I feel like this one doesn’t require an explanation. I do feel compelled, though, to mention that we can’t assume every teacher drinks – even though it is a very intelligent assumption and we mostly all do. Even the not-so-great wine can usually be turned into a lovely sangria. I’m not a big drinker, but you can bet your laptop I’ll be filling my glass to the brim and toasting to the end of this tumultuous school year. Major creativity points if you combine this with my first suggestion and personalize the label!
And finally, my most favourite thing to receive at the end of the year:
1) A heartfelt card from a parent and/or my student
If your child’s teacher has made a difference in your child’s life this year, let them know – in writing. Not to totally dork out on you here, but I’m actually welling up as I write because I’m thinking about the special letters and cards that inspired me to include this section. Friends, those words that someone took the time to write, just for me? The words that thank me, that tell me how much I helped a child, or what a positive year their child had, or how their child likes school now, or how their child felt seen and valued in my classroom – those words mean everything. They are the best gift, and they keep on giving long after your child has moved on to another grade. I have a box where I keep all the special cards and letters that parents and students have written for me. When I need a boost, when I need to be reminded of why I went into this
insane bonkers wonderful profession, I pull out that box and read through all those lovely words, letting their warmth and kindness wash over me. Without fail, I feel re-affirmed and re-inspired every time. Talk about an incredible gift to give someone.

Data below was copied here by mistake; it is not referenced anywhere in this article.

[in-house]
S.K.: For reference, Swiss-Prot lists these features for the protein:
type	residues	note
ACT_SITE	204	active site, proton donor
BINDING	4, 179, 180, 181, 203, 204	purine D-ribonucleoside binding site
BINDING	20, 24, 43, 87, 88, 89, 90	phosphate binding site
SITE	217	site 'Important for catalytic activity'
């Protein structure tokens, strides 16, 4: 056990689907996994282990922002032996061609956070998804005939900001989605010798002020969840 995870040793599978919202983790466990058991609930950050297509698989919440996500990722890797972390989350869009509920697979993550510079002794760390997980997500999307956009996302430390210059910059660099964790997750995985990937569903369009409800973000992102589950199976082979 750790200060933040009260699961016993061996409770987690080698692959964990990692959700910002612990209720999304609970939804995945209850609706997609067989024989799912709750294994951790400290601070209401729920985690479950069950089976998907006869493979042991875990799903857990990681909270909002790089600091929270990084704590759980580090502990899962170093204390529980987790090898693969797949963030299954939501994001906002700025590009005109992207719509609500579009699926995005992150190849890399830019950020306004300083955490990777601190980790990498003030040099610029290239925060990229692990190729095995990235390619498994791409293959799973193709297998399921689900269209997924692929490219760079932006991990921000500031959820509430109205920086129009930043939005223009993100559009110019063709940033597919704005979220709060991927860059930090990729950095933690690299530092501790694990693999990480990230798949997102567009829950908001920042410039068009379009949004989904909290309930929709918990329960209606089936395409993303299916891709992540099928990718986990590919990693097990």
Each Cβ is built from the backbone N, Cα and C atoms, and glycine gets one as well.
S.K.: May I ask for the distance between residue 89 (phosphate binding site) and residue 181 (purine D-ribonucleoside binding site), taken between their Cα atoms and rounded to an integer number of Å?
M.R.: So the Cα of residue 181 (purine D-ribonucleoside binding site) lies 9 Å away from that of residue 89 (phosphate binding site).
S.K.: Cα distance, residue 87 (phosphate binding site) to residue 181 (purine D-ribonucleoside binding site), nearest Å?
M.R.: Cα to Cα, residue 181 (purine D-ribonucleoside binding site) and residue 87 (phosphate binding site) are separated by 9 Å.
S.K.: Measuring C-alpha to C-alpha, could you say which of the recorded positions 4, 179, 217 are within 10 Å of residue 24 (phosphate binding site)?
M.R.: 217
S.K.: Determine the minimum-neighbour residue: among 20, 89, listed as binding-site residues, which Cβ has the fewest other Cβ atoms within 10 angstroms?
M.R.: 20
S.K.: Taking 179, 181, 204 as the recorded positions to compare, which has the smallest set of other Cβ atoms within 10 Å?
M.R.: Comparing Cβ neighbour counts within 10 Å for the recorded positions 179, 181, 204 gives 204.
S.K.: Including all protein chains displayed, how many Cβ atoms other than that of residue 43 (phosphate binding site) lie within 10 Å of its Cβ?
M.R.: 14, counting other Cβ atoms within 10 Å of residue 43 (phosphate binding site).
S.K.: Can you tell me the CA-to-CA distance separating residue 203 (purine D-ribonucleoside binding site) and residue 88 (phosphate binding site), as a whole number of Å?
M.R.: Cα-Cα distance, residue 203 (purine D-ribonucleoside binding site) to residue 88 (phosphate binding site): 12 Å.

I would be remiss if I didn’t add this disclaimer: It’s also ok if you don’t give your child’s teacher a gift. Some experiences weren’t positive. Sometimes the to do list is just so long, you have to say no to something in the name of avoiding mental combustion. In my 20 years in the profession, I have yet to hear a teacher complain about the students who didn’t give her something at the end of the year.
So. There you have it. Hopefully these ideas will be helpful to you as we collectively crawl to the finish line of this very trying school year. Whatever you decide to give your child’s teacher, be it one of my suggestions or something completely different – like a Tim Horton’s gift card or a plant or a bedazzled teacher bag (I may have received one a few years back) – know that your thoughtfulness and appreciation is always, er…appreciated.
I fully agree! I got choked up reading the part about the handwritten letter or card. I’ve even received the odd email that just made me feel like I picked the right thing to do for a living. What a ride!
I couldn’t agree more. Cards are the most wonderful gifts. I taught in secondary schools in the UK and I too have a box in which I keep every single card I was given over the years. Words of thanks from teenagers are very special indeed and they do sustain you through the difficult times. I gave up teaching a few years ago but every so often I look through the cards and it makes me incredibly grateful to have had the privilege to teach.